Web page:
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India: Fruits to cost more during Christmas

The country’s fresh fruit basket for Christmas and New Year will be smaller and dearer, thanks to the unseasonal rains and the delayed winter. Also, a shortage of high-priced raw material will affect the fruit processing industry adversely. The incidence of pest attacks on most fruit crops has gone up due to unseasonal rain in October and November and the resultant humidity. Almost half of the strawberry crop in Mahabaleshwar, which grows about 80% of the country’s output, has been lost. “Rains have damaged half of the production from the first flowering, which comes into the market in December. We used to have clear weather in November. But this year, we had rain even in November and now in early December,” said Balasaheb Bhilare, president of All India Strawbeery Growers’ Association.

Sourcing the required quantity of raw material will be a challenge for the strawberry processing industry. “We may have to run the unit at lower capacity this year. I hope that the yield of the end-season crop in March and April will be good due to the late rainfall. Otherwise, we will have to pay more for procuring strawberries,” said Mayur Vora, chief executive officer of Mahabaleshwar-based Mapro Food Ltd. While Mr Vora declined to comment on the price scenario, indications are that the prices will go up. The delayed winter and heavy rainfall in the southern states of Tamil Nadu and Andhra Pradesh will also hit Mango production in the country.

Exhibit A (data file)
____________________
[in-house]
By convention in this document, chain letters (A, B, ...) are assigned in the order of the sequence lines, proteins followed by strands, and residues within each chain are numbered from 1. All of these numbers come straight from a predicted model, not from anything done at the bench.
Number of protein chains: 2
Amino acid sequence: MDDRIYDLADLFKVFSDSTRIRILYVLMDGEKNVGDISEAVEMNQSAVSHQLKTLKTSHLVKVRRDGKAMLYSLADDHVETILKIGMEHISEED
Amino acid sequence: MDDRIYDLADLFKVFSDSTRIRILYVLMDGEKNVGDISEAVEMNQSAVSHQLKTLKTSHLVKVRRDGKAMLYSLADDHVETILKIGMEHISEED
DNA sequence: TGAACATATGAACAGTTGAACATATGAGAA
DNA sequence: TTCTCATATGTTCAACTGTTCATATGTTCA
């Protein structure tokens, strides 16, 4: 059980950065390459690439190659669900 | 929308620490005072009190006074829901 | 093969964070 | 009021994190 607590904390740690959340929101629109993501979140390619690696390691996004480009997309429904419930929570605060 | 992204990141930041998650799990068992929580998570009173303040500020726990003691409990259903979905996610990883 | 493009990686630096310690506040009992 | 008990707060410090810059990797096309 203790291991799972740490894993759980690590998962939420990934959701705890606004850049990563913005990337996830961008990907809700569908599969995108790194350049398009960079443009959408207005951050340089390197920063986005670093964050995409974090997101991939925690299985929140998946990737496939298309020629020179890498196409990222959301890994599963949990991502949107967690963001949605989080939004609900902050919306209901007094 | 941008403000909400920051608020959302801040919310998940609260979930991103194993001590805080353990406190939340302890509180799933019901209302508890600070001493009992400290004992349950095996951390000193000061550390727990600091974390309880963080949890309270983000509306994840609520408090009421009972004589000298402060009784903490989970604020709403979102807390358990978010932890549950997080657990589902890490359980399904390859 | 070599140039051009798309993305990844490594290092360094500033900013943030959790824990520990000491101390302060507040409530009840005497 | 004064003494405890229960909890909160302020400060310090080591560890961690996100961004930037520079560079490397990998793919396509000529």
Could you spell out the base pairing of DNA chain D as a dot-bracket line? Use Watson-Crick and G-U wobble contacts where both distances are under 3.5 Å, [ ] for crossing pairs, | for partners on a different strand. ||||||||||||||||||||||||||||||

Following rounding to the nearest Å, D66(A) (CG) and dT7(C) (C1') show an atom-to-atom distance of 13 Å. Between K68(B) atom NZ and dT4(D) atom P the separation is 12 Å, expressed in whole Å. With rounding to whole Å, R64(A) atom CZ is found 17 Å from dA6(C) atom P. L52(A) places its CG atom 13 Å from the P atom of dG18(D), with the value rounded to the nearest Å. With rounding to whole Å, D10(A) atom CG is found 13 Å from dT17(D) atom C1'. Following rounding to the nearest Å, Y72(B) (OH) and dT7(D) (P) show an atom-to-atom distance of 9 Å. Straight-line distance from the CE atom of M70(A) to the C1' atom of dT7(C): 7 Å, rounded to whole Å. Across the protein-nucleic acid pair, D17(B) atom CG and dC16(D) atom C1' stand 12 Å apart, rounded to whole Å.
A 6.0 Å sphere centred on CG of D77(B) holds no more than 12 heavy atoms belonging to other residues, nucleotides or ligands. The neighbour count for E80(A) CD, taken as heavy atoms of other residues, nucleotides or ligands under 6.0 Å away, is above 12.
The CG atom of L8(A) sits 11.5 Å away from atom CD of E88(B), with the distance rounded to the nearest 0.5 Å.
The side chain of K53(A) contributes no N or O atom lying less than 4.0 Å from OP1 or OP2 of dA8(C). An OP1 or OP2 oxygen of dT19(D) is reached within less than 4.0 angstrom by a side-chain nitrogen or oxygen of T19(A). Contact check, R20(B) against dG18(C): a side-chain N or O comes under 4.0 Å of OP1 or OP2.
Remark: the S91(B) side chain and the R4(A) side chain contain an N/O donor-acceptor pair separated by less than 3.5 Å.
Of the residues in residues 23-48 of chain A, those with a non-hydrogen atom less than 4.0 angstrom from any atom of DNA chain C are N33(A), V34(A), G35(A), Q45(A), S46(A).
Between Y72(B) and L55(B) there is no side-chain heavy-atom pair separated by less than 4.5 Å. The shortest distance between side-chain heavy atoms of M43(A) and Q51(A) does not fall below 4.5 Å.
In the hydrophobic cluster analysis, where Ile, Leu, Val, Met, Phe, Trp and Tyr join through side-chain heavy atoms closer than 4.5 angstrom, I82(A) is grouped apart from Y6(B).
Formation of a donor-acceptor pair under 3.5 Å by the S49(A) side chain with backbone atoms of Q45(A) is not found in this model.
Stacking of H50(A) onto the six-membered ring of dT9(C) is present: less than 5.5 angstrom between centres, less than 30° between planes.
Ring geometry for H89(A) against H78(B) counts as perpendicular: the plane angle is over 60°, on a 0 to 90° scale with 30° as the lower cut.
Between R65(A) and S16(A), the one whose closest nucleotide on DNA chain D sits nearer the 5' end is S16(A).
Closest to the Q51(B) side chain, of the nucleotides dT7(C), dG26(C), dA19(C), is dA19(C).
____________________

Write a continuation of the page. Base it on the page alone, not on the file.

“The raw mango crop will be late by at least a month this year. The prices, especially in Tamil Nadu and Andhra Pradesh, will be higher as the crop size may become small due to rainfall. But the crop in Gujarat and Maharashtra is good,” said TS Ahluwalia, chief operating officer of Mother’s Recipe, a national brand in the pickle industry. Mango production in Maharashtra is 50% less than that of normal season for the past two years. Mango processors from the state have already shifted their procurement base to neighbouring states.
Though the late winter is not good for mangoes, the Alphonso variety is unlikely to be much affected. “Late winter will mean that the mango crop will be late. But the Alphonso mango production will be at least double than that of the previous year,” said a senior scientist from Dr Balasaheb Savant Kokan Krishi Vidyapeeth, Dapoli, on condition of anonymity.


Source: economictimes.indiatimes.com

Publication date: 12/7/2010


 


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